So we spent the previous paper and much of this one nodding along with read quorums that must overlap with write quorums, understanding the 4/6 and 3/6 requirements and so on, only to uncover the bombshell that Aurora doesn’t actually use read quorums in practice at all! What!? (Ok, it does use read quorums, but only during recovery).
The thing is there can be a lot of reads, and there’s an I/O amplification effect as a function of the size of the read quorum. Whereas with write amplification we’re sending compact redo log records, with reading we’re looking at full data blocks too. So Aurora avoids quorum reads.
Aurora does not do quorum reads. Through its bookkeeping of writes and consistency points, the database instance knows which segments have the last durable version of a data block and can request it directly from any of those segments… The database will usually issue a request to the segment with the lowest measured latency, but occasionally also query one of the others in parallel to ensure up to data read latency response times.
If a read is taking a long time, Aurora will issue a read to another storage node and go with whichever node returns first.
The bookkeeping that supports this is based on read views that maintain snapshot isolation using Multi-Version Concurrency Control (MVCC). When a transaction commits, the log sequence number (LSN) of its commit redo record is called the System Commit Number or SCN. When a read view is established we remember the SCN of the most recent commit, and the list of transactions active as of that LSN.
Data blocks seen by a read request must be at or after the read view LSN and back out any transactions either active as of that LSN or started after that LSN… Snapshot isolation is straightforward in a single-node database instance by having a transaction read the last durable version of a database block and apply undo to rollback any changes.
Storage consistency points
Aurora is able to avoid much of the work of consensus by recognizing that, during normal forward processing of a system, there are local oases of consistency. Using backward chaining of redo records, a storage node can tell if it is missing data and gossip with its peers to fill in gaps. Using the advancement of segment chains, a databased instance can determine whether it can advance durable points and reply to clients requesting commits. Coordination and consensus is rarely required….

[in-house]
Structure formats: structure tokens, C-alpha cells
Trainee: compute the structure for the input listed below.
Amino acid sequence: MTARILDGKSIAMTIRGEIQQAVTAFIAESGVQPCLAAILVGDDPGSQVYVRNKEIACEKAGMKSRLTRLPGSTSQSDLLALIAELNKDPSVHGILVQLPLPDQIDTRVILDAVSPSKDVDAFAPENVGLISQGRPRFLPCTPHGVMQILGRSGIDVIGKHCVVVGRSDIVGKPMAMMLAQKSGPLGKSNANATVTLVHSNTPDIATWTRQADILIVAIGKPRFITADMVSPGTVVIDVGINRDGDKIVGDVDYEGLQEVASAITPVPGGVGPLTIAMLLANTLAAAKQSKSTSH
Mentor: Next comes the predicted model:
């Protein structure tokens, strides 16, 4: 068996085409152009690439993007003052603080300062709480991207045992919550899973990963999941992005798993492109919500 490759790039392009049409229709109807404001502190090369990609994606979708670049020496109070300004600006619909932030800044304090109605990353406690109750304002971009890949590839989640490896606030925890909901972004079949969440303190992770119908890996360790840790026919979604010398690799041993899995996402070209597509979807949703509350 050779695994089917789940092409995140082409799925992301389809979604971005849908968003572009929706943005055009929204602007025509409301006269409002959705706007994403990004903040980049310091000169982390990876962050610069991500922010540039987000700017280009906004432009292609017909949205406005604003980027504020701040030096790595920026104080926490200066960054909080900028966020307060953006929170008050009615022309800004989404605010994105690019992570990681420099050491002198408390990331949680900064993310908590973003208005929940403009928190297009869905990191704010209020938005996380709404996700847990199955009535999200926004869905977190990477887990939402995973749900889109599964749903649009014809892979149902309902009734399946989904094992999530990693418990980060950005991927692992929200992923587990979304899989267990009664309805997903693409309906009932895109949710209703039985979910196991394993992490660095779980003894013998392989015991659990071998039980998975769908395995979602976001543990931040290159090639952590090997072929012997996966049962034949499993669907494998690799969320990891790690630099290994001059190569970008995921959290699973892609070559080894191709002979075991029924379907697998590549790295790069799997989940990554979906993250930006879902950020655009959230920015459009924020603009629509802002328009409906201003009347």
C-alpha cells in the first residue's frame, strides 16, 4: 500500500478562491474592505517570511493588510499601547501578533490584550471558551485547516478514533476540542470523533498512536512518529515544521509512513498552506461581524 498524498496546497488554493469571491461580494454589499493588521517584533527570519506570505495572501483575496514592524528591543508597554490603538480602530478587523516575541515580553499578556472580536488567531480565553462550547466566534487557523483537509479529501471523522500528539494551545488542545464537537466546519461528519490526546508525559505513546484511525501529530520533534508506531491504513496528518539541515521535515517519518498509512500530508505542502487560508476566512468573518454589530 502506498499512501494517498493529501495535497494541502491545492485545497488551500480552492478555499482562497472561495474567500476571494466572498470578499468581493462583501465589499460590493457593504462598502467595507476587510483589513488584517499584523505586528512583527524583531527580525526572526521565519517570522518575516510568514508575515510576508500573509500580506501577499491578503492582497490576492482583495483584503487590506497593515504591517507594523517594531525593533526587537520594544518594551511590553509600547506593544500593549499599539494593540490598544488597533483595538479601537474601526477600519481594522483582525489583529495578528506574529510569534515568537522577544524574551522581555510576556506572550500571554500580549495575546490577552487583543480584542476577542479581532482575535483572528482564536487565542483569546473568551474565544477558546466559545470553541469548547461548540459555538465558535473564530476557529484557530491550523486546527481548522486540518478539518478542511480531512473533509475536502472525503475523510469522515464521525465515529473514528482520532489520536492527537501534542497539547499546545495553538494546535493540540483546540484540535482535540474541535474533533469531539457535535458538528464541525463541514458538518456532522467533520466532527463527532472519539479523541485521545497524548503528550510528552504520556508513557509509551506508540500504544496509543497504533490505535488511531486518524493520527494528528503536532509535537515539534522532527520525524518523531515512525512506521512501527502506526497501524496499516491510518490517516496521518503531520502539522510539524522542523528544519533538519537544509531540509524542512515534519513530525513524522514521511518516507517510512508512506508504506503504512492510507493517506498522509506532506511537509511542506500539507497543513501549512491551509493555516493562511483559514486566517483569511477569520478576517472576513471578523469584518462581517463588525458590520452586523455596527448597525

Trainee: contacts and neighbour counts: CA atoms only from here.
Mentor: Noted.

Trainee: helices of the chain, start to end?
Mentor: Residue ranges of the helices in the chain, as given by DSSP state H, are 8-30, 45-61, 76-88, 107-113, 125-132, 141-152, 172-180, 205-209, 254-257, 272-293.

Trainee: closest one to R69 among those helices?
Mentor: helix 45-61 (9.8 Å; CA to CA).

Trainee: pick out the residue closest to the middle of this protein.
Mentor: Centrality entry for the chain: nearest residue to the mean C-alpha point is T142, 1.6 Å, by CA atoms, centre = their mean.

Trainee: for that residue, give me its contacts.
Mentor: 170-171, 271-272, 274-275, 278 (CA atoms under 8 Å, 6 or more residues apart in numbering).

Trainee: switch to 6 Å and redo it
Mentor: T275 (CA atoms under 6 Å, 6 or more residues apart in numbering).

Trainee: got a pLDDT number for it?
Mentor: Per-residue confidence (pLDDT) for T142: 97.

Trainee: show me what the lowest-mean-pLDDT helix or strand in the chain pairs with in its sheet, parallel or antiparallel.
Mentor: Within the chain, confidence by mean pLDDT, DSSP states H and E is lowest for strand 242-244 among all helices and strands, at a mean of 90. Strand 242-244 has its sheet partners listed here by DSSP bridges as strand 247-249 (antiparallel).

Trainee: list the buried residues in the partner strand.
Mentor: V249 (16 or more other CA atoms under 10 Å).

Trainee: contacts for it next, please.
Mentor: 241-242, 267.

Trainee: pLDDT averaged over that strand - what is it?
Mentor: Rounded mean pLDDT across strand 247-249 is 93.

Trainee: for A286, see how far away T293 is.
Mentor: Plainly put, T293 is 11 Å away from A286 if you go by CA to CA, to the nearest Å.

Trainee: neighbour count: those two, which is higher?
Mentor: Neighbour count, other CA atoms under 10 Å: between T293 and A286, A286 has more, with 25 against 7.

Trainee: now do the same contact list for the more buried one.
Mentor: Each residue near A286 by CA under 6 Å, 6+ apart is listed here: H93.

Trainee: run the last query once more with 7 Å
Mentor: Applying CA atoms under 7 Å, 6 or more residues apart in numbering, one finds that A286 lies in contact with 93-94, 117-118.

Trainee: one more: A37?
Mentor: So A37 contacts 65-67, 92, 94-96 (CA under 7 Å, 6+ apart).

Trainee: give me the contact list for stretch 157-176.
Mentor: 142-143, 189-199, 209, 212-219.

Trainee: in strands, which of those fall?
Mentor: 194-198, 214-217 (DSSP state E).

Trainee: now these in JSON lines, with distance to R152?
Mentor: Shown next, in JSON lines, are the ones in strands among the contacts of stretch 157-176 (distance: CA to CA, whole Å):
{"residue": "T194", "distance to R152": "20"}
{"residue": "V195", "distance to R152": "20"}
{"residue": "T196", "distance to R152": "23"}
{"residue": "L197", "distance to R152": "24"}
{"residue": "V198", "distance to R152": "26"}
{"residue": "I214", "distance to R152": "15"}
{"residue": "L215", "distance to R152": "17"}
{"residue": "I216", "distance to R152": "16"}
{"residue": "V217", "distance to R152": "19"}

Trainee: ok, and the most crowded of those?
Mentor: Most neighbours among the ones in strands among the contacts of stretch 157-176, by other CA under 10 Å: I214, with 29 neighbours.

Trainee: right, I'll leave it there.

Recall that the only writes which cross the network from the database instance to the storage node are log redo records. Redo log application code is run within the storage nodes to materialize blocks in the background or on-demand to satisfy read requests.
Log records form logical chains. Each log record stores the LSN of the previous log record in the volume, the previous LSN for the segment, and the previous LSN for the block being modified.
- The block chain is used to materialise individual blocks on demand
- The segment chain is used by each storage node to identify records it has not received and fill those holes via gossip
- The full log chain provides a fallback path to regenerate storage volume metadata in case of a “disastrous loss of metadata state.”
…all log writes, including those for commit redo log records, are sent asynchronously to storage nodes, processed asynchronously at the storage node, and asynchronously acknowledged back to the database instance.
Individual nodes advance a Segment Complete LSN (SCL), representing the latest point in time for which it has received all log records. The SCL is sent as part of a write acknowledgement. Once the database instance has seen the SCL advance at 4/6 members of a protection group, it advances the Protection Group Complete LSN (PGCL) – the point at which the protection group has made all writes durable. In the following figure for example, the PGCL for PG1 is 103 (because 105 has not met quorum), and the PGCL for PG2 is 104.
The databases advances a Volume Complete LSN (VCL) once there are no pending writes preventing PGCL advancing for one of its protection groups. No consensus is required to advance SCL, PGCL, or VCL, this can all be done via local bookkeeping.
This is possible because storage nodes do not have a vote in determining whether to accept a write, they must do so. Locking, transaction management, deadlocks, constraints, and other conditions that influence whether an operation may proceed are all resolved at the database tier.
Commits are acknowledged by the database once the VCL has advanced beyond the System Commit Number of the transaction’s commit redo log record.